I am designing a test coil for a reed switch.

I have found a potential solution which is a coil wrapped on a stainless steel tube with PEEK discs at each end.

  • The length of the coil is 18.4mm.
  • 30 AWG enamelled copper wire.
  • 7 layers for a total of 505 windings, coil radial thickness of 1.78mm. Coil assembly diameter of 6.74mm.
  • Coil will be wrapped in Kapton tape and potted into an aluminium tube with a ID of 7.5mm and a wall thickness of 2.25mm.
  • Environment will be around 40C.
  • The current needed to generate the required field strength is 400mA DC.
  • The voltage drop across the coil is 1.15V DC.
  • The power drawn is 0.46W.
  • The coil will only be used for brief periods, around 2 second, very infrequently.

I realise this is a highly complex problem that may require modelling to answer, but I'm hoping there is an experienced electrical engineer that can give an idea if 400mA is feasible in this scenario.

  • \$\begingroup\$ You could estimate the temperature rise: energy dissipated, divided by heat capacity. Since it's "very" infrequently, that means the coil probably has enough time to cool down in between uses. \$\endgroup\$ Commented Jul 12, 2022 at 11:38
  • 1
    \$\begingroup\$ Compare it in size with a 1W resistor. Sounds like it'll be fine. \$\endgroup\$
    – user16324
    Commented Jul 12, 2022 at 11:46

2 Answers 2


Not doing any math, but we're looking at a cylindrical object of 10mm diameter and 20mm length.

Let's pick a 7W resistor, diameter 8mm, length 22mm. The datasheet helpfully provides a graph for the temperature rise.

enter image description here

You can't compare directly with the resistor's maximum dissipation because it is made with high temperature materials (ie, ceramic) and both your potting compound and enamel will certainly not reach these temperatures safely.

However at 5W they give a temperature rise of 225°C (eyeballing the graph) so your cylinder of similar size with a dissipation of 0.5W should have a temperature rise of 22.5°C.

Now I wouldn't wrap the winding in kapton tape because that will create an insulating layer of air and prevent the heat from reaching the aluminium tube which I assume is intended as a heat sink. Your dissipation is low enough that the coil will be absolutely fine without any extra wrapping. If you want it to be more robust, you can impregnate the coil with varnish or epoxy to make it solid. The inner windings will get rid of heat better, and it'll hold together better.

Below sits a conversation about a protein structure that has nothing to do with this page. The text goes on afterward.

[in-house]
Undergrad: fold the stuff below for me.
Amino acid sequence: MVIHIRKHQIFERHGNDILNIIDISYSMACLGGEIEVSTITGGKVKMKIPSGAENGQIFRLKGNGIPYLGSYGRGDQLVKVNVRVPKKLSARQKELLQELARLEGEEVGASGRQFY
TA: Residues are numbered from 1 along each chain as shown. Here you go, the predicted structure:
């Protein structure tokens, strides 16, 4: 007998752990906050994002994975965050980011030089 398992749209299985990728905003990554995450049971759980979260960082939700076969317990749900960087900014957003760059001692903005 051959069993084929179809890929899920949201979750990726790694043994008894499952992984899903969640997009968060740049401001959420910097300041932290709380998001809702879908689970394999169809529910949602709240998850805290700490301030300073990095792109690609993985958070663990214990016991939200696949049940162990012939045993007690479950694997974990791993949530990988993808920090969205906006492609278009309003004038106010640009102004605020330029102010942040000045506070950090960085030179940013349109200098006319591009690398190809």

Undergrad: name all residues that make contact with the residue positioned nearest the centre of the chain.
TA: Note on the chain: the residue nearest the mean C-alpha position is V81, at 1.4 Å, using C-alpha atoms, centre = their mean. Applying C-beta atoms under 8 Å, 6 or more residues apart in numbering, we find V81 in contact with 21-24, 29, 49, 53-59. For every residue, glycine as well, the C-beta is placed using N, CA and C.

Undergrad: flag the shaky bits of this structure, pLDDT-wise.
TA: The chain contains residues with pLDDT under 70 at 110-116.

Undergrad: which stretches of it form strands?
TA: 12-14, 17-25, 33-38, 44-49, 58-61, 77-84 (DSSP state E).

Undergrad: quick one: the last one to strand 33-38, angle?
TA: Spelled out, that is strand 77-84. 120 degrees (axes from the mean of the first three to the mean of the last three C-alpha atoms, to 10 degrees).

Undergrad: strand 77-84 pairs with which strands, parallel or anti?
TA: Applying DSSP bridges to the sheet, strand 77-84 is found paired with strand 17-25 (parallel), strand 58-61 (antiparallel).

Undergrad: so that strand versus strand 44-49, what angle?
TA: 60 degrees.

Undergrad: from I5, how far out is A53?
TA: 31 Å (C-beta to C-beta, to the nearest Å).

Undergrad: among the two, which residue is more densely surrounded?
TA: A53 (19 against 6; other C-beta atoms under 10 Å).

If you're really worried, the resistance of copper has a positive tempco, so by measuring the DC resistance, you'll know the temperature.

Note some stainless steels are ferromagnetic, so it might be a good idea to make sure before using that as the coil former.

  • 1
    \$\begingroup\$ +1. Finding a similar situation for a complex thermal problem. (Seems like all thermal dissipation problems are complex.) \$\endgroup\$
    – Marla
    Commented Jul 12, 2022 at 14:41

Using this online calculator (see below) and plugging in your parameters for a horizontal cylinder of 18.4mm x 6.74mm diameter, I get a temperature rise of 63°C for a cylinder surface temperature of 103°C. I used the complex formulas embedded in this 'calculator' rather than some back-of-envelope calculation because both convection and radiation losses are extremely nonlinear (only Newtonian conduction is linear). Note the contributions of Messrs. Prandlt, Rayleigh and Nusselt from the world of fluid dynamics.

Assuming you don't encapsulate the coil, the inner windings will be a bit hotter than that, but still should be less than 120°C. The rating of ordinary PU insulated wire is typically 130°C so you should be okay for continuous operation with a 40°C maximum ambient. There are higher rated insulations such as polyimide which is good for 200°C.

You may need more voltage than expected since the current will drop as the resistance increases with temperature. If the coil heats to an average of 120°C the resistance will rise about 40% from the resistance at 20°C. If you jack up the voltage proportionally to maintain the same magnetic field, and therefore the same current, that means 40% more power dissipation, of course. Normally relays are designed to pull in with about 70% of nominal voltage to account for this.

enter image description here


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